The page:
Apple is doubling down on the technology, which means it'll be showing up soon on millions of iPhones and iPads and could be a boon to collaboration and workplace productivity.
Stories by Ryan Faas
Apple will soon roll out a public beta of iOS 11 and macOS High Sierra. Is your IT shop ready for the aftermath?
Apple's using its mobile OS to re-shape how enterprises use iPads for business, and it's finally getting the "Pro" part of the iPad Pro right.
One of the big enterprise mobility stories of late is the ruling by a California court that companies who require employees to use their personal smartphones for work must reimburse those employees "a reasonable percentage" of their monthly bills. As CITEworld's Nancy Gohring reported last week, similar legal challenges are happening in other states, including Washington, New Jersey, and Michigan.
Now that OS X Mavericks Server has some new enterprise-oriented features and the updated Mac Pro has finally arrived, it's time to ask whether Apple is edging back into the data center, says columnist Ryan Faas.
As I sat stunned by the news that Apple Chairman Steve Jobs - technology visionary, founder of two computer companies and master marketer - had died , I couldn't help but think about his life and career, both at Apple and during his time away at NeXT and Pixar.
Entire books have already been written on the contributions Steve Jobs has made to Apple, the company he helped found 35 years ago. In many ways, the most significant ones took place after 1997, when he returned to Apple from exile and set about to change not just the company but entire industries.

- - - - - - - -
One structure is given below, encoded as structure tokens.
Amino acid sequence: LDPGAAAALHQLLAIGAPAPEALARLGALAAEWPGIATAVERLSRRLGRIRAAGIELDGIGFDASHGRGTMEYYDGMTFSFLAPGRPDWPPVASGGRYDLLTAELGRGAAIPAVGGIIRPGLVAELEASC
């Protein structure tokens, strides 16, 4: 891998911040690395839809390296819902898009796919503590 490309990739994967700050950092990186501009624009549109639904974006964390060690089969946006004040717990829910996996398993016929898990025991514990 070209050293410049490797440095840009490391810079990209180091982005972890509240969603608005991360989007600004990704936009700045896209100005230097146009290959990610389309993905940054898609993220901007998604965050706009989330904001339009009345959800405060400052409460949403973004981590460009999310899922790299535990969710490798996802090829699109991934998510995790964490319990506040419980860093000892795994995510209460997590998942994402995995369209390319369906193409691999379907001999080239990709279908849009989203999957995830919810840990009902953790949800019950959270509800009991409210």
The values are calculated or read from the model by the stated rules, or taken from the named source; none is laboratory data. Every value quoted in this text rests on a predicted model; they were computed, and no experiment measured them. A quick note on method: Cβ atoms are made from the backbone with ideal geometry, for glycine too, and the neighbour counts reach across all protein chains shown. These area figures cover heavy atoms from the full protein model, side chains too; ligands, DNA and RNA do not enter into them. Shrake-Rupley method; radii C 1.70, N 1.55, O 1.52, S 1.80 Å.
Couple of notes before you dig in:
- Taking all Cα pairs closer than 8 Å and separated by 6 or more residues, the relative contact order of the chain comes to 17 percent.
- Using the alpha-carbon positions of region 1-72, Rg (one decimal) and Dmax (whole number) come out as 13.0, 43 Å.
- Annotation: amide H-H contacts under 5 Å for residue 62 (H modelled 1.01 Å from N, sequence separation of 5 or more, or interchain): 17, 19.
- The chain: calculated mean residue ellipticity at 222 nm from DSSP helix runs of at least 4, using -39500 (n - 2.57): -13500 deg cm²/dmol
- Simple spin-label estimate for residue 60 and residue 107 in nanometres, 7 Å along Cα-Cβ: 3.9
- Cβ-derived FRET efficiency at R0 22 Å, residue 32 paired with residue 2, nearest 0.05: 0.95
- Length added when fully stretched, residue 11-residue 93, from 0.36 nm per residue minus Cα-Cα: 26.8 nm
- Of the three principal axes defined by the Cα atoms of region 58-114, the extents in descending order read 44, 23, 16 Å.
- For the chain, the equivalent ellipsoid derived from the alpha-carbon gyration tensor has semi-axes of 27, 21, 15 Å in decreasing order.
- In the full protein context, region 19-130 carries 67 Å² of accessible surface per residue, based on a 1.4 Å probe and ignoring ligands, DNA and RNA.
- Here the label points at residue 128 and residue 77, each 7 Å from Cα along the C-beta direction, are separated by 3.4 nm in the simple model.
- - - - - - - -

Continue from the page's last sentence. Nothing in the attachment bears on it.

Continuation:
Recently, Apple previewed more features that will be available in its upcoming release of Mac OS X 10.7, "Lion." We first got a glimpse of Lion at Apple's Back to the Mac event in October, when CEO Steve Jobs said that several technologies developed in Apple's iOS mobile operating system would be brought back into Mac OS X as part of Lion. Since iOS evolved from earlier versions of Mac OS X, the "back to the Mac" moniker made sense.
For Apple, 2010 was a phenomenal year; there's really no other way to put it. What makes Apple's big year -- it surpassed Microsoft's market valuation to become the most valuable technology company -- even bigger is that it caps off a phenomenal decade. Just 10 years ago, many people were still predicting the company's demise.
RIM's BlackBerry PlayBook, unveiled last week, is the latest entry in what has become a rapidly growing field of iPad competitors. But unlike most upcoming Android tablets -- the big exception being Cisco's Cius -- the PlayBook isn't meant to compete with the iPad in the consumer market. Despite its touted capabilities for multimedia, the PlayBook is primarily designed to be a business and enterprise tablet.
In producing a version of its iWork suite of apps for <a href="http://www.computerworld.com/s/article/9149338/Continuing_coverage_Apple_s_iPad_tablet?source=toc">the iPad</a>, <a href="http://www.computerworld.com/s/article/9137163/Apple_Update">Apple</a> is sending a signal: The device won't just be for watching video, playing games and reading books -- although those are sure big reasons why many people will buy one next weekend. By announcing iWork for the iPad during the <a href="http://www.computerworld.com/s/article/9149838/It_s_the_iPad">tablet's unveiling in January</a>, Apple clearly wanted to plant the idea of the iPad as a business and productivity device squarely in the minds of would-be buyers.